Saturday, 10 November 2007 by kinakoJam
Early morning pig carcasses on the north side of the St. Lawrence Market, Toronto.
I'm ashamed to admit we only knew about this place through a visitor from NYC who had read about it in a Wallpaper magazine supplement.
At this hour of the morning, the handful of people browsing (as well as the stall-holders) were less Marc Jacobs and Northface, decidedly more in the arena of ancient parkers and homespun knits.
On Saturdays the smaller North hall is used for an organic farmer's market. We went there straight from the afterhours (in Toronto anything open past 2am is called an afterhours) at about 6am...eschewing dodgy home fries at Fran's diner for the warm, familial atmosphere of a market in its calm and sleepy opening hours. No one seemed too hurried, no one was hussling or shouting at each other – maybe it was because of the laid back Canadian temperament but the atmosphere was comparable to a provincial library, especially the spectacled, brown-cardiganned woman who stutteringly sold us her malted, hand made 7 grain bread. No shortage of strapping sons helping their dad load piles of potatoes, elk venison or jars of honey either though.
Top notch cider (we drank 2 litres in about 2 seconds):
Home made apple cranberry crisp and wild blueberry pies (we bought a pumpkin pie):
Across the street is the South hall of the St Lawrence Market which is open daily except Monday:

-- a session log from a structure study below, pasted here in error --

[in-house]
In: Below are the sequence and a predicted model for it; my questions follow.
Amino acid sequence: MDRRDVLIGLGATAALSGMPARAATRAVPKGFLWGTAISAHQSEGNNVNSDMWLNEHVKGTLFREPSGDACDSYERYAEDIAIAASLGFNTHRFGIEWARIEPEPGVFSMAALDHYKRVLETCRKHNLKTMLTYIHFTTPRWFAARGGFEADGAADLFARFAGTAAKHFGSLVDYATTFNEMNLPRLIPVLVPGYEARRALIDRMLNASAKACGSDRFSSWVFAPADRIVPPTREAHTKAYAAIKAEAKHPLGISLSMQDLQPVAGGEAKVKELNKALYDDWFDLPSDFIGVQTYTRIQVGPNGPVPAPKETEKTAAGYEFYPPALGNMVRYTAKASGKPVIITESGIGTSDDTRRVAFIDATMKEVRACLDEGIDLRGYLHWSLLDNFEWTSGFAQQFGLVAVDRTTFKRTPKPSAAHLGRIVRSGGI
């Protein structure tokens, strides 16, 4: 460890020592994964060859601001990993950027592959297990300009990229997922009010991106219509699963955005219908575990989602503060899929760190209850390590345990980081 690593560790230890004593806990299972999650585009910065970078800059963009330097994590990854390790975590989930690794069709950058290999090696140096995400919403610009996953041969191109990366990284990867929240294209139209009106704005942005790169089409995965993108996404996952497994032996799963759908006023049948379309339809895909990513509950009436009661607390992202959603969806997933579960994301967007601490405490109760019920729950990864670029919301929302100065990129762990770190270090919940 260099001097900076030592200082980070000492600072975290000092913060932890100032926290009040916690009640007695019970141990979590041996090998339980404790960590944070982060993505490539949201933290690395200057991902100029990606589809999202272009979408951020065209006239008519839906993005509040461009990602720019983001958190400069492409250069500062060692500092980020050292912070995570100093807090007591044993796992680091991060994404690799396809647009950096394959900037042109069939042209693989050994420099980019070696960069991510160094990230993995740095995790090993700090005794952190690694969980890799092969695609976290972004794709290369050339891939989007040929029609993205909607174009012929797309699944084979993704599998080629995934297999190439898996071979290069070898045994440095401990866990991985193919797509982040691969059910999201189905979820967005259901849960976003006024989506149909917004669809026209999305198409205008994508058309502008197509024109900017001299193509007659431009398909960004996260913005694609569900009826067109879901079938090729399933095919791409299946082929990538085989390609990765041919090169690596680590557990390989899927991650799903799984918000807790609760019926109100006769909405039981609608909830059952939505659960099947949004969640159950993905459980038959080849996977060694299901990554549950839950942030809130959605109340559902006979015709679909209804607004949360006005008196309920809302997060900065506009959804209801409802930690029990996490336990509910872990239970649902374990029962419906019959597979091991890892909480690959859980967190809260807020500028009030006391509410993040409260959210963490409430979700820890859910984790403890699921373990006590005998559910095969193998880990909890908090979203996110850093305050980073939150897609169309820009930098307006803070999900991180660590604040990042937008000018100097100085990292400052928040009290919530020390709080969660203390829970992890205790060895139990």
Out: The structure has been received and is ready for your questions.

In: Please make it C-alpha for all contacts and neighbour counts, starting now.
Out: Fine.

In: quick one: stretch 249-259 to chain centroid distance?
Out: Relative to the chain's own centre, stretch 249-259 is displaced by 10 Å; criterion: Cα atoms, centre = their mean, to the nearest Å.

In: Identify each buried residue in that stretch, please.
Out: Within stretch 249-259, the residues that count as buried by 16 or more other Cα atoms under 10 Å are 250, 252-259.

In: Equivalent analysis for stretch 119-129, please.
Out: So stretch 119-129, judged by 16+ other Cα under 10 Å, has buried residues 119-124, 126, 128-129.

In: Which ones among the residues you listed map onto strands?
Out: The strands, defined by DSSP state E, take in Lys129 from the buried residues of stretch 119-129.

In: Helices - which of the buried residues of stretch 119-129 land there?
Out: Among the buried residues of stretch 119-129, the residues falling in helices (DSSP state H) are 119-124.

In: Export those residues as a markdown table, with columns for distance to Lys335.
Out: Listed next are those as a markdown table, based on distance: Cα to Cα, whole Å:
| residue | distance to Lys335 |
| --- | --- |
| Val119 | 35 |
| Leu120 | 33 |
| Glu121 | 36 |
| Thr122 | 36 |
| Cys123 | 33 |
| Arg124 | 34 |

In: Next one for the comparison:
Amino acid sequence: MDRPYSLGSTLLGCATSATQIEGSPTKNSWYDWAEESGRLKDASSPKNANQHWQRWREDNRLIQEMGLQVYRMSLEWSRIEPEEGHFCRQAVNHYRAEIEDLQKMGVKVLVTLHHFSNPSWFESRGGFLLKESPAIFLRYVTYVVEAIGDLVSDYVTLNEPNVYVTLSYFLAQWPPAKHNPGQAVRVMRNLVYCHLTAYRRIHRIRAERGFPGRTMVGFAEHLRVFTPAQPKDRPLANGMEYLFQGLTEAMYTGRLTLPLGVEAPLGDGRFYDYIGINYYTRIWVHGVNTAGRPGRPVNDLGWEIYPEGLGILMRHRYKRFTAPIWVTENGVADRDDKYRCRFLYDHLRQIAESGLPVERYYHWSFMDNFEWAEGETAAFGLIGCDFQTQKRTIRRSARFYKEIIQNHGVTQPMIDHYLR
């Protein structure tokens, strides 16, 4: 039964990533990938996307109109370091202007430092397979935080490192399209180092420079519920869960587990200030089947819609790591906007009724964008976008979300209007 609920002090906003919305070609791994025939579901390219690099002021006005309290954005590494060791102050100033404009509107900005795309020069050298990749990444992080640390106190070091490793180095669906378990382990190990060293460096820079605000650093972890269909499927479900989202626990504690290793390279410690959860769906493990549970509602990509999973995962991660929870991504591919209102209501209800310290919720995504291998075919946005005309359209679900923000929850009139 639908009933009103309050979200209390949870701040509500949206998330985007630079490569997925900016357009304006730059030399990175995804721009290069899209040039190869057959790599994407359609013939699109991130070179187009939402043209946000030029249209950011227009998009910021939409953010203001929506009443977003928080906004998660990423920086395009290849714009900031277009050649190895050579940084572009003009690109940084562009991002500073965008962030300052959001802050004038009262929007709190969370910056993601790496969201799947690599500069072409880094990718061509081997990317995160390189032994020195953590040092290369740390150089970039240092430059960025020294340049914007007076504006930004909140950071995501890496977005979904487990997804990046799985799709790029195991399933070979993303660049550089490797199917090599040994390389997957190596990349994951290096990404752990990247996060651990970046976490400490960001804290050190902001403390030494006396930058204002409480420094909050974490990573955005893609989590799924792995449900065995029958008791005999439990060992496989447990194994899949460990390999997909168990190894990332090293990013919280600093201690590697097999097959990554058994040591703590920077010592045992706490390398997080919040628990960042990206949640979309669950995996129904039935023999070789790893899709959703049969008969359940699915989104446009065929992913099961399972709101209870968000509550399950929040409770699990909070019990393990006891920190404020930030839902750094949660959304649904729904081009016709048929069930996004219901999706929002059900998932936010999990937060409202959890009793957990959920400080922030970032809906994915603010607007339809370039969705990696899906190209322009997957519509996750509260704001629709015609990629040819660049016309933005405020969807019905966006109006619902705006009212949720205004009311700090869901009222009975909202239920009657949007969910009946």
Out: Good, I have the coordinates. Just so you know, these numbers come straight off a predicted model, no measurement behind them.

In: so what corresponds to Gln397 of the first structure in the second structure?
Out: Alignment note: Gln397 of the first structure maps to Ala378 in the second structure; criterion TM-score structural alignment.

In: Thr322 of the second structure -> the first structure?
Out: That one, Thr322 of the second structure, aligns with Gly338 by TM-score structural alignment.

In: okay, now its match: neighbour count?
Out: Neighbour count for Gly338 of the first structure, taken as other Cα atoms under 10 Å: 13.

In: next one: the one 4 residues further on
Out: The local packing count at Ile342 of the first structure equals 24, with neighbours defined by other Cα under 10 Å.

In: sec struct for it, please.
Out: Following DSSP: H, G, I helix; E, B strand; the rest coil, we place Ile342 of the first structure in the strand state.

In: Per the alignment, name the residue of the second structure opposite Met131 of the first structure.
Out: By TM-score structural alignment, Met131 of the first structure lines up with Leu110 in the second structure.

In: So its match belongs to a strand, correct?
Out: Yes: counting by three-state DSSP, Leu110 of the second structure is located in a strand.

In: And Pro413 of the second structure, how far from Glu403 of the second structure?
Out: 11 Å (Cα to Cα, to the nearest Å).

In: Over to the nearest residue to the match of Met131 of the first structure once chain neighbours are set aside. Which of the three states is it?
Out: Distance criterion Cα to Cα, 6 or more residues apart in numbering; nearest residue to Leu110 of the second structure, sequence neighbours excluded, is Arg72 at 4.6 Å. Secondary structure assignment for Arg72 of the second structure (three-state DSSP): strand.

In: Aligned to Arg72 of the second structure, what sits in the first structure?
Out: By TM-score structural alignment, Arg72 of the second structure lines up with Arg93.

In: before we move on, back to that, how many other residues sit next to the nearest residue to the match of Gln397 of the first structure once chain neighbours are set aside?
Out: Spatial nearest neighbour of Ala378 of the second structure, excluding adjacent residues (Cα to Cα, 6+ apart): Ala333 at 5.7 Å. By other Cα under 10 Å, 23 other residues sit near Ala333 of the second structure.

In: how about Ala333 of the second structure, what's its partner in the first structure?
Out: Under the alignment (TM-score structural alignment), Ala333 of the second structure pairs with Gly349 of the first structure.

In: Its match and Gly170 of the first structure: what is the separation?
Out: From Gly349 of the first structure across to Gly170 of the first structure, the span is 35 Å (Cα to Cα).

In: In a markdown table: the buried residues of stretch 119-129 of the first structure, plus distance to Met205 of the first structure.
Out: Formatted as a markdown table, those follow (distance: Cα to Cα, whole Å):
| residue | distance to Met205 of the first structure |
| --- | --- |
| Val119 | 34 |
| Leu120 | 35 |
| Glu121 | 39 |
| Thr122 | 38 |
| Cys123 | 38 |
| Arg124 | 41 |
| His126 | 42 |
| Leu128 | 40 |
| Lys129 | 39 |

We were convinced by a Ukrainian lady in the basement to buy a piece of a big coiled up sausage she had just baked, which was herby and juicy. We also bought a still-warm hot cross bun:
Smoked pork hocks:
Famous Canadian peameal bacon, a variety of unsmoked lean back bacon that has been sweet pickle-cured and coated in yellow cornmeal, though originally, as the name suggests, peameal was used. This should be distinguished from the imposter that is often called Canadian bacon in the U.S. but which is actually just sliced ham. Goes great with maple syrup.
Later on that night... we cracked open the pie, which was distinguishable from store-bought pies by its light, flaky and carameralised-around-the-edges crust:
and the bread. Top marks to the lady in the brown cardigan. The bread had a dense but light crumb, just soft and crumbly enough, with a pleasant molasses undertone. With avocado and a glass of cider, a remarkably effective hang over cure.